'Turbulencias', the new solo exhibition by Daniel Canogar for Galería Max Estrella, explores our capacity to organize, process and make sense of the flux of news we receive daily. Keeping up with the news has become a traumatic experience that generates rage, helplessness and, eventually, indifference. At the same time, we have an addictive relationship with social media, which hooks us in endless cycles of news that frustrate our need for rest and our capacity to assimilate events throughout the day. The exhibition 'Turbulencias' faces contemporary information indigestion and processes this unstoppable torrent of data through art and algorithms.
The first series in the show, Pixelweaver, is a project that draws on textiles as a metaphor for the social fabric created, and sometimes destroyed, by the news. These artworks pay tribute to the close relationship between information technology and textiles, beginning with the Jacquard’s loom in the early nineteenth century, considered by many historians to be the first computer. For this new series, Studio Daniel Canogar has developed a virtual loom based on craft techniques. This algorithmic tool enables the creation of a range of patterns from different sources or “spools”, a technology that has generated the artworks Chyron, Abacus and Túnica.
Chyron is rendered with the chyrons of news channels, that is, the information superimposed over the lower part of a screen. The chyrons intertwine like a large frayed fabric, a tangle that evokes the fragile and at times unstable balance of an information ecosystem that derives from disparate and even conflicting sources. Furthermore, Abacus displays and reinterprets real-time financial information from main stock market indexes. This artwork reformulates the ticker tape, the earliest means of financial communication, developed at the end of the nineteenth century. The prices from each index fund appear as intersecting stripes and turn into the warp and weft of a fabric that never ceases to change. Finally, Túnica is a generative digital fabric created with the names of those who were born and died in the Community of Madrid between 2020 and 2021. The names are embossed on silver and gold ribbons that intertwine: the weft for the births and the warp for the deceased. Túnica, a tribute to Covid victims, is inspired by the funerary gauzes of pre-Columbian cultures.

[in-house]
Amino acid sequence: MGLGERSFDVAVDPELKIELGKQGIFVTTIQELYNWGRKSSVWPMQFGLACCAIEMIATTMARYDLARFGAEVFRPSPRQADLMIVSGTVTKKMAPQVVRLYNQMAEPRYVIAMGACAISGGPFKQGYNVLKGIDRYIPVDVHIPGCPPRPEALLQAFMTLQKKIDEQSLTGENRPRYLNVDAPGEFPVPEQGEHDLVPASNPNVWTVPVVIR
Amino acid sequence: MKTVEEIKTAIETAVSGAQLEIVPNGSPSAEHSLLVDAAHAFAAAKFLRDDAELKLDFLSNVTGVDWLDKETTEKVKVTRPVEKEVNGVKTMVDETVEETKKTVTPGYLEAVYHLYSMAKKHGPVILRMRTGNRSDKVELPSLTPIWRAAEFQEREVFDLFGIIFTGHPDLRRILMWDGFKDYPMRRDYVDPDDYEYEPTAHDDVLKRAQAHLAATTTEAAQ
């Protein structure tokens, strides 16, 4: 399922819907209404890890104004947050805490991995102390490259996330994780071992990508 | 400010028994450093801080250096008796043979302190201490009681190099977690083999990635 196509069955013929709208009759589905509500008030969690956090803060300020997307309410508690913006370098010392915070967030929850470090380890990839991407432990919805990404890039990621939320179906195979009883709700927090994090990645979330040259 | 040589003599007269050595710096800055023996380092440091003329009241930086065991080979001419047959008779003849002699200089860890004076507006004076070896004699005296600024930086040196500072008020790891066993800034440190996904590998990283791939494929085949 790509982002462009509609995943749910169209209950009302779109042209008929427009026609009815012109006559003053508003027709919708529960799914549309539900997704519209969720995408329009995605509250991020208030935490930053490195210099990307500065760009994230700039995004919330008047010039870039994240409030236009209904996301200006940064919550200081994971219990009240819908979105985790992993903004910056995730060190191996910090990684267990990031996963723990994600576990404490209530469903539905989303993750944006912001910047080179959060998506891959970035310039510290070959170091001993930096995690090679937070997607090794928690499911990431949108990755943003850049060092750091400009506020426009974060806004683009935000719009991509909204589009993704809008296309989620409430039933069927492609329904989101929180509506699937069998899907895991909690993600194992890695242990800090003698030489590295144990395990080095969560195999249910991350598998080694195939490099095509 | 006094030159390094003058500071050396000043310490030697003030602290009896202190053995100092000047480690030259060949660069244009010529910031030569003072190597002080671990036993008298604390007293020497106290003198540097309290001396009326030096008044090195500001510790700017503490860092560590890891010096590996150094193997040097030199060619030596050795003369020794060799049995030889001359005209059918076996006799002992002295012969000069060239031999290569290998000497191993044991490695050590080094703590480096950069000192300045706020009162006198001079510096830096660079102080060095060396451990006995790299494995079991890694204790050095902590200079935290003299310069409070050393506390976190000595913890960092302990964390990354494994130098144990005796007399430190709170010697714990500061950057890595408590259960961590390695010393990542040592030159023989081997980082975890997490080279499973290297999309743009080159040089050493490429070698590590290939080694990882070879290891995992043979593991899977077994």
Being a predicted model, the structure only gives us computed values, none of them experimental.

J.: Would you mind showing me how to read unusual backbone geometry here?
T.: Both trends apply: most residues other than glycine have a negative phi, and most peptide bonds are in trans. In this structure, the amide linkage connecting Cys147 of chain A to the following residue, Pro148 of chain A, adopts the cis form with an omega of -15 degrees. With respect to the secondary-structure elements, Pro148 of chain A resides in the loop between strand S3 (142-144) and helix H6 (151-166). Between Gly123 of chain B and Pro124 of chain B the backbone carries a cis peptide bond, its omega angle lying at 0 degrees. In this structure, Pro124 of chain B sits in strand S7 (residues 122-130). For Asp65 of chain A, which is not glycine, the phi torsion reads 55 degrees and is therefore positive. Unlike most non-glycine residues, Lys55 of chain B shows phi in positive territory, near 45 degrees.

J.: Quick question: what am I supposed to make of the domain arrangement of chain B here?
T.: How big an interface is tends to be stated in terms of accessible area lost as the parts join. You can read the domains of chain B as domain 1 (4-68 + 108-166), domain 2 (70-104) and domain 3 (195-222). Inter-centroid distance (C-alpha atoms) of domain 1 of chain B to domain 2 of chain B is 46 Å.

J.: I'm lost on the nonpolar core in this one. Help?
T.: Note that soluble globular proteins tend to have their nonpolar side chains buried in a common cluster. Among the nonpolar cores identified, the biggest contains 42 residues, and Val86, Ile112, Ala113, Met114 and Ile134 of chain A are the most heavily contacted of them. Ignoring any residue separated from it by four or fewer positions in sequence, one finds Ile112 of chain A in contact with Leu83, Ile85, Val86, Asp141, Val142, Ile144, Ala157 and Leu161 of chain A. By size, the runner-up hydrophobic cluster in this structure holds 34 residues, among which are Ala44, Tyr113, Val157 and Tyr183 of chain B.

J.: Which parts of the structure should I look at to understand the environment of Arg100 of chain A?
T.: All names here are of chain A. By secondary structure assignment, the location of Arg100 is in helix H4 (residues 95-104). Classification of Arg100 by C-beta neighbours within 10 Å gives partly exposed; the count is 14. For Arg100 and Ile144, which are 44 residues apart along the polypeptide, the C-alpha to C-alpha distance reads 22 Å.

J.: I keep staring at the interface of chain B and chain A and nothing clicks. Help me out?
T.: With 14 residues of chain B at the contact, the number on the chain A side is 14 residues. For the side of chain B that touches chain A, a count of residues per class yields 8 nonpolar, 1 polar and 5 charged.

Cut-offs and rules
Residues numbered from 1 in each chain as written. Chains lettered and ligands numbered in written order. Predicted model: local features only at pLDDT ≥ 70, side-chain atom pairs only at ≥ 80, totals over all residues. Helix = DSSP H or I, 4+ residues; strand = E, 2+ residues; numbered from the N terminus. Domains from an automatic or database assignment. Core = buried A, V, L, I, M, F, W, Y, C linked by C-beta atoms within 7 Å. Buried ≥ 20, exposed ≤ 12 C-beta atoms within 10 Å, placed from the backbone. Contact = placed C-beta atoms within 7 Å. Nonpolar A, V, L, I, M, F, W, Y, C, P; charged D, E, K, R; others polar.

The second series, Wayward, evokes postwar artists who began to appropriate photographs from the press, such as Andy Warhol, Martha Rosler, Robert Rauschenberg and Wolf Vostell. In the sixties, social protests encouraged many artists to manipulate press photos of wars, political demonstrations and other social upheavals. Silkscreen prints, photomontages, collages and other appropriation techniques largely dominated this era. Fifty years later, Wayward reprocesses photojournalistic images, but this time filtered by the digital tool. Pictures from the daily news are processed with visual effects that evoke analog and photochemical techniques of the past. This endless stream of information becomes fodder for the generative artwork that is process-based and never ending.
Pixelweaver and Wayward manifest themselves not only as generative projects on screens but also as stills. Through large-scale wallpapers and digital photographs, there is an attempt to contain the unstoppable rhythm of our times and, therefore, to process the maelstrom of social, political and environmental issues that have shaken us so much recently. ‘Turbulencias’ captures our turbulent times through art history, textile tradition and digital tools that have profoundly changed our perception of reality.
Daniel Canogar, September 2022